Changing your name and gender markers can be long, detailed and sometimes tedious process. It is important to know that there is no national uniform process to address name and gender marker changes – each state or federal agency, organization, and company may have different requirements to change your name and gender marker. While this can be frustrating, here is one approach to help you get the initial documents that should pave the way to make all other name and gender marker changes easier. Also, please note: this is a suggested sequence and there may be different factors to take account of when pursuing a name and gender change, such as country or state of birth, as well as the county you live in.
The National Center for Transgender Equality website has an identification document center that provides information on process of changing your birth certificate in all 50 states. For more information, click here.
Sequence of Changing Identity Documents
1. Obtain a Court Ordered Name Change
2. Obtain a Court Ordered Gender Change
3. Change Name and Gender with Social Security Administration
4. Change of Name and Gender with Oregon DMV
5. If born in Oregon – Change name and gender on birth certificate
6. Change Name and Gender on Passport
What’s Required to Change My Name?
The process to legally change your name can take up to 8 weeks and often requires two trips to the county courthouse – a trip to file your petition for name change, and a trip to attend a hearing to change your name. It is possible to change your name and gender at the same time.
1. Visit your local county courthouse and ask to be directed to the family law clerk, who will help you locate the appropriate paperwork to file your name change. The Oregon Judicial Department’s Family Law Program does provide paperwork online here, but do take note that not all counties will accept and use the same paperwork. If you are using this paperwork, do ask if this can be used in your own county.
2. Each county should have a packet of documents for you to complete, and instructions on how to complete them, including the requirements to change your name. You will need to complete and file your paperwork with the clerk and post notice of the name change (location varies by county).
3. Take note that Oregon’s gender change statute asks the petitioner A.) if they have or not undergone surgical, hormonal or other treatment appropriate for me for the purpose of gender transition, and B.) if they declare that sexual reassignment is complete. You must be able to fill out both of these boxes to satisfy the state’s requirement for gender change. When you file your paperwork with the clerk, you will schedule your hearing date. Depending on your county the date may be as long as 8 weeks away; often times you can get an earlier date.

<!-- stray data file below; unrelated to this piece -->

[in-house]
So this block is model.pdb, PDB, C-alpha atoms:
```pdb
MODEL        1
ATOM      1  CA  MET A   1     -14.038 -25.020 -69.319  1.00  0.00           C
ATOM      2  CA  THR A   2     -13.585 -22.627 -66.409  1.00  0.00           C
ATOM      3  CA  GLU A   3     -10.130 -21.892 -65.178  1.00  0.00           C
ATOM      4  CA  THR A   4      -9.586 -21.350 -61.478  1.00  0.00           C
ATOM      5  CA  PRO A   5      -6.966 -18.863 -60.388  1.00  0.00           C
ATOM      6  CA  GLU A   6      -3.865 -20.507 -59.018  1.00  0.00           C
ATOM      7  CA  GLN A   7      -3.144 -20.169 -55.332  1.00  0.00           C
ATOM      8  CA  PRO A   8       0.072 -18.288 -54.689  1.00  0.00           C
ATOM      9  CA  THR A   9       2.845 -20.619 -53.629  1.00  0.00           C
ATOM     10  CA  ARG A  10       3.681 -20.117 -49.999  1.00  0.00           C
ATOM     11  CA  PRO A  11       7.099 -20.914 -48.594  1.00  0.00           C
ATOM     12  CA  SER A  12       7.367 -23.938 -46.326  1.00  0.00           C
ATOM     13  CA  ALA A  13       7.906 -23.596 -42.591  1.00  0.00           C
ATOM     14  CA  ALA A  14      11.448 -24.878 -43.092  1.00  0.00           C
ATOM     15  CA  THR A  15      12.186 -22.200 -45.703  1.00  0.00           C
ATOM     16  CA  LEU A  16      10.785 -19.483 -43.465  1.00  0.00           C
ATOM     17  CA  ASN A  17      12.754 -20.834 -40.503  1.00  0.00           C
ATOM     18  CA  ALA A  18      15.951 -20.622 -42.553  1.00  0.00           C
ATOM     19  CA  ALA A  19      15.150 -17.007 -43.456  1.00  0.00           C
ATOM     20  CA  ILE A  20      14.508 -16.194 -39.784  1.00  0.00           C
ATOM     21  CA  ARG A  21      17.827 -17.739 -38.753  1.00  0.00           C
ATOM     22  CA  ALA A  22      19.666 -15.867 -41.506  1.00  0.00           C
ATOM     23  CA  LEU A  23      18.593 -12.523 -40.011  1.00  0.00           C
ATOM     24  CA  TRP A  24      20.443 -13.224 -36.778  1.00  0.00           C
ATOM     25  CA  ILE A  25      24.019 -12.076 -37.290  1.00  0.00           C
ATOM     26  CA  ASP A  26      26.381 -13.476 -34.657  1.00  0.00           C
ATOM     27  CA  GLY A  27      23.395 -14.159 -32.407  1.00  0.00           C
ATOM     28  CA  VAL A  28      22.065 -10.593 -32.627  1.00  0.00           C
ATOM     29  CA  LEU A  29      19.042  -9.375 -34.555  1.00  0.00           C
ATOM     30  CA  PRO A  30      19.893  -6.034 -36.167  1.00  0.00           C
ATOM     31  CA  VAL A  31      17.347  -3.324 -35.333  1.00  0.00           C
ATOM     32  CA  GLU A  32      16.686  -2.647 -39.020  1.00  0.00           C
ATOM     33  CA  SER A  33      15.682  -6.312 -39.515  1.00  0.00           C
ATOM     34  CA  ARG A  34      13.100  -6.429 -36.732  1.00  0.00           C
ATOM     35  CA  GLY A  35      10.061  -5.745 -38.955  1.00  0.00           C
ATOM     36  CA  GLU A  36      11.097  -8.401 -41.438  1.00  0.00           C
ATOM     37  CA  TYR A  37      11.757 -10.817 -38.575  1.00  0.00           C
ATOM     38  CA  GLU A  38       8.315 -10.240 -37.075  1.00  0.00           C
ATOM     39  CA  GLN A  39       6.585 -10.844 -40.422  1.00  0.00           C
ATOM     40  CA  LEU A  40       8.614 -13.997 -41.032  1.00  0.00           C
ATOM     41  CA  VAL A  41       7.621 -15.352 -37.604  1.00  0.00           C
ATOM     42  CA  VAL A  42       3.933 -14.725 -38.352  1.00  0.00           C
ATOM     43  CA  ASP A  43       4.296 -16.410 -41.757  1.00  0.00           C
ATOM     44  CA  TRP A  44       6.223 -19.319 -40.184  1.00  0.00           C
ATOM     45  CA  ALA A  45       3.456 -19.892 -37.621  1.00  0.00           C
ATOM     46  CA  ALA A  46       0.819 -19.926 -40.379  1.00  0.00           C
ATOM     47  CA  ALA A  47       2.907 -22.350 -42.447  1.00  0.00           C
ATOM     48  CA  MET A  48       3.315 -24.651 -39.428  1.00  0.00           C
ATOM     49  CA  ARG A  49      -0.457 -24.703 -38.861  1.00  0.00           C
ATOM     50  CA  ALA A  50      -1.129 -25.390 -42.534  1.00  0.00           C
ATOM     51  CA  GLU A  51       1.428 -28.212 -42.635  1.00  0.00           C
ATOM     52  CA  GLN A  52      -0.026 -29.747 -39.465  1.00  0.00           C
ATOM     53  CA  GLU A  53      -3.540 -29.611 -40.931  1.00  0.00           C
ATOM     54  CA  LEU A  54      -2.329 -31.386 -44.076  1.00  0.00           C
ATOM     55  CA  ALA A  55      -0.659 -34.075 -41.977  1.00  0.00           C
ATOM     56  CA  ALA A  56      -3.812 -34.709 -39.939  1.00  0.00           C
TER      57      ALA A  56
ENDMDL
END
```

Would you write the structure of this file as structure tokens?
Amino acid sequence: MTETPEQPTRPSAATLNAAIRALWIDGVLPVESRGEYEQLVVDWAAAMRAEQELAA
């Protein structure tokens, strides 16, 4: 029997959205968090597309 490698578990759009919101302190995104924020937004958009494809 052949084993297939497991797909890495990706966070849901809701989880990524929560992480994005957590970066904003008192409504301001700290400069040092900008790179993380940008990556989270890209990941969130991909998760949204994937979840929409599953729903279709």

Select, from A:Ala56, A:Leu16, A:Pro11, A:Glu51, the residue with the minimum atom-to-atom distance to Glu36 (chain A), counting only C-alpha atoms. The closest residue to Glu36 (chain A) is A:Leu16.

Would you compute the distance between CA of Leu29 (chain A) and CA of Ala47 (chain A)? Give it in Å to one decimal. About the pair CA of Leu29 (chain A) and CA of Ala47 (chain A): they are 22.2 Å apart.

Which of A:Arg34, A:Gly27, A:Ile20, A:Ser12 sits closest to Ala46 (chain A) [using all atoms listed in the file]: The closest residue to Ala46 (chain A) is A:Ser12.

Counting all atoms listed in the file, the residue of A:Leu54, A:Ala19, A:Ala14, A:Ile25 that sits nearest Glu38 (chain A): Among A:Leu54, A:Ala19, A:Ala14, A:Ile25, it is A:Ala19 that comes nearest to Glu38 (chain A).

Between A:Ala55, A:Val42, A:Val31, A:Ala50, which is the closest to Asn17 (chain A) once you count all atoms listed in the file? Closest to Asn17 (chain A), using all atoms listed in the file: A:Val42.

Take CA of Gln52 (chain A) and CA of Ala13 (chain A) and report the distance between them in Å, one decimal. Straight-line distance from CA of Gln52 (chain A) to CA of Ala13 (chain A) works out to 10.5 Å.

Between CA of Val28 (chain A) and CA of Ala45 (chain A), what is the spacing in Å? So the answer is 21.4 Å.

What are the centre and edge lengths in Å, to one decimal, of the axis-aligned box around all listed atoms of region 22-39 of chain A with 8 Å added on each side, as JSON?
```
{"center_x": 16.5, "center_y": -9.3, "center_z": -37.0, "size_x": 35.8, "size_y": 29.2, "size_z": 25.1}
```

4. Filing fees vary by county.
A legal name and/or gender change must be ordered by a judge in Oregon.
If you were not born in Oregon, do be mindful of the birth certificate requirements of your state of birth when filing your court order. Currently, Idaho, Tennessee, and Ohio do not provide means for transgender people to alter their birth certificates. Kansas has a process for changing the gender marker on a birth certificate, but their Department of Vital Records has no authority to do so.
What’s Required to Change the Gender Marker on My Driver’s License?
Now people can fill out an easy gender marker change form to change their gender designation on their driver license and IDs. This form asks the applicant to fill out the gender marker they wish to have listed on their license or ID card. (In the past, a service provider or medical provider needed to sign the form. As of July 1st, 2017, individuals are now able to attest to their own gender identity.) Please note that you do not need to provide proof of surgery to have your name changed or a court ordered gender marker change. You are also eligible to receive a new photo when you apply to change your DMV gender marker.
As of July 2017, Oregon will begin issuing non-binary driver’s licenses and IDs. However, it’s unclear if this option will become available on birth certificates in the near future. We have created a detailed FAQ with more information on how to obtain a non-binary ID and what to expect when traveling or filling out paperwork — you can read it here.
Oregon’s Driver’s License Policy & Procedures
To update name and/or gender on an Oregon ID, the applicant must apply in person, turn in their current Oregon license, permit, or ID, and do the following:
1. Submit an Application for a new ID;
2. Pay the required fee;
3. Provide a court order certifying the name change, if relevant, and/or;
4. Submit one of the below documents that accurately reflects gender identity: